Top stories of 2009, No. 4: The Economy

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SALT LAKE CITY -- As 2009 began, the economy was in shambles and recovery this year was shaky and slow at best. We continue our countdown of the top stories of the year with a look at the story voted No. 4 by the KSL News staff: the Great Recession and its impact on Utah.

Housing prices fell, foreclosures rose, retail sales slid, and Utah businesses battled to stay in the black; that was the economic picture as 2009 began, and all of those factors pointed to the bleakest statistic of them all: rising unemployment.

In August, Mark Knold, chief economist for the Utah Department of Workforce Services, said, "I'm thinking job gains won't come until the first half of next year."

While Utah saw signs of recovery in recent months, Knold says job losses are the most severe since the Great Depression. The state lost about 5 percent of its jobs in 2009 -- more than 60,000. While the nation's unemployment rate hit double digits, Utah's rate went as high as 6.5 percent in October before dipping to 6.3 percent in November.

Regardless, workforce services reports 86,000 Utahns were out of work in November. Knold said, "It's going to be a rough ride coming out of the other side employment-wise."

A fall job fair at Qwest drew 1,000 applicants for 80 jobs. Kendra Lenz was part of the steady stream of job seekers. She said, "It's been hard. I lost my job from the bank in December, and I have yet to find a job. I've looked and looked and looked, and it's been so hard." In January, Kennecott cut 175 contractors and 66 employees.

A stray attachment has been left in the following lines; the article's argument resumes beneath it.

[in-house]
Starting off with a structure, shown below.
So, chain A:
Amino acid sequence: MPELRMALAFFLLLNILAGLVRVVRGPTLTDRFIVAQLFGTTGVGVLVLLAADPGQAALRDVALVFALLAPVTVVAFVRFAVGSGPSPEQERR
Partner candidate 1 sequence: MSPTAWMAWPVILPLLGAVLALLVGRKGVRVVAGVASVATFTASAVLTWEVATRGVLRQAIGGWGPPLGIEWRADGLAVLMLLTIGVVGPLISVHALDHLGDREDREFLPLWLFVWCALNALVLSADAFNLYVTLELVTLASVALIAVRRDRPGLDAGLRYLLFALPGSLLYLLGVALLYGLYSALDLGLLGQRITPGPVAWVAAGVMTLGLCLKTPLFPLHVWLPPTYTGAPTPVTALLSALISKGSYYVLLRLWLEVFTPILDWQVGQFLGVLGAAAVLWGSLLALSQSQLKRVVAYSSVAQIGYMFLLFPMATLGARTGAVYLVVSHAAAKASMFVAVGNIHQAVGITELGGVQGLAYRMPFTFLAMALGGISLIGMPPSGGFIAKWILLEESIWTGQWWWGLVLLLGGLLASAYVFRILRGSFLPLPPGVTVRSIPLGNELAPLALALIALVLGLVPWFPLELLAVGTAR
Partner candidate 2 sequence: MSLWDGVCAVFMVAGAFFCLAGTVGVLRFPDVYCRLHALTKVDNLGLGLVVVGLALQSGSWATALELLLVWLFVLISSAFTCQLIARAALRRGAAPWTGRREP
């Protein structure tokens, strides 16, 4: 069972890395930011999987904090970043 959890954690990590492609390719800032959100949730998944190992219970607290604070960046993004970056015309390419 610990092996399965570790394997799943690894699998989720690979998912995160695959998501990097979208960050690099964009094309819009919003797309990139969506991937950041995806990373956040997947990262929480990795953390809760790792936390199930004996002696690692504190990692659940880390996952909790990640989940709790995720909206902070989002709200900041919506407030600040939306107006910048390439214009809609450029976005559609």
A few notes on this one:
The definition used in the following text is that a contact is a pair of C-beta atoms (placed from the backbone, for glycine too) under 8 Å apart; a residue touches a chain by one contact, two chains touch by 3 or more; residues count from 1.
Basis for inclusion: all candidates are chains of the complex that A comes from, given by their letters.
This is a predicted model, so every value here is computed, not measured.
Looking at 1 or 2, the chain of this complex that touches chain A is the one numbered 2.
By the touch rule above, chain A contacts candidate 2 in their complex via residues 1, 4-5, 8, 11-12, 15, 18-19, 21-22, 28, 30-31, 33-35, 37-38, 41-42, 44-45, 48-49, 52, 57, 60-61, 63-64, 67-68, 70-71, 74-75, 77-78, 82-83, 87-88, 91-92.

Jobs were created when Utah got more than $200 million in stimulus money for transportation projects. But in December, with Christmas just two weeks away, news of 800 layoffs at ATK in Box Elder County hit harder.

More Utahns slipped into poverty this year and the middle class was affected.

"I don't know what we're going to do. I really don't know, I don't," said Vern Karr, who was laid off from his job as an alcohol and drug counselor due to budget cuts.

Slumping tax revenues forced the Legislature to slash most state agencies' funding by nearly 4 percent and more cuts loom for 2010.

Just this week, holiday retail sales numbers added modest optimism to the economic outlook, but job creation remains the long term key.

James Wood, with the Bureau of Economic and Business Research, said, "We'll I don't think we're going to have a quick turnaround in this recession."

The chief economist for Utah's Workforce Services thinks it could take until 2012 just to get back the jobs the state has lost.

According to a local poverty report, many more people sought help from Community Action agencies this year. And 61 percent of them did so for the first time.


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Jed Boal


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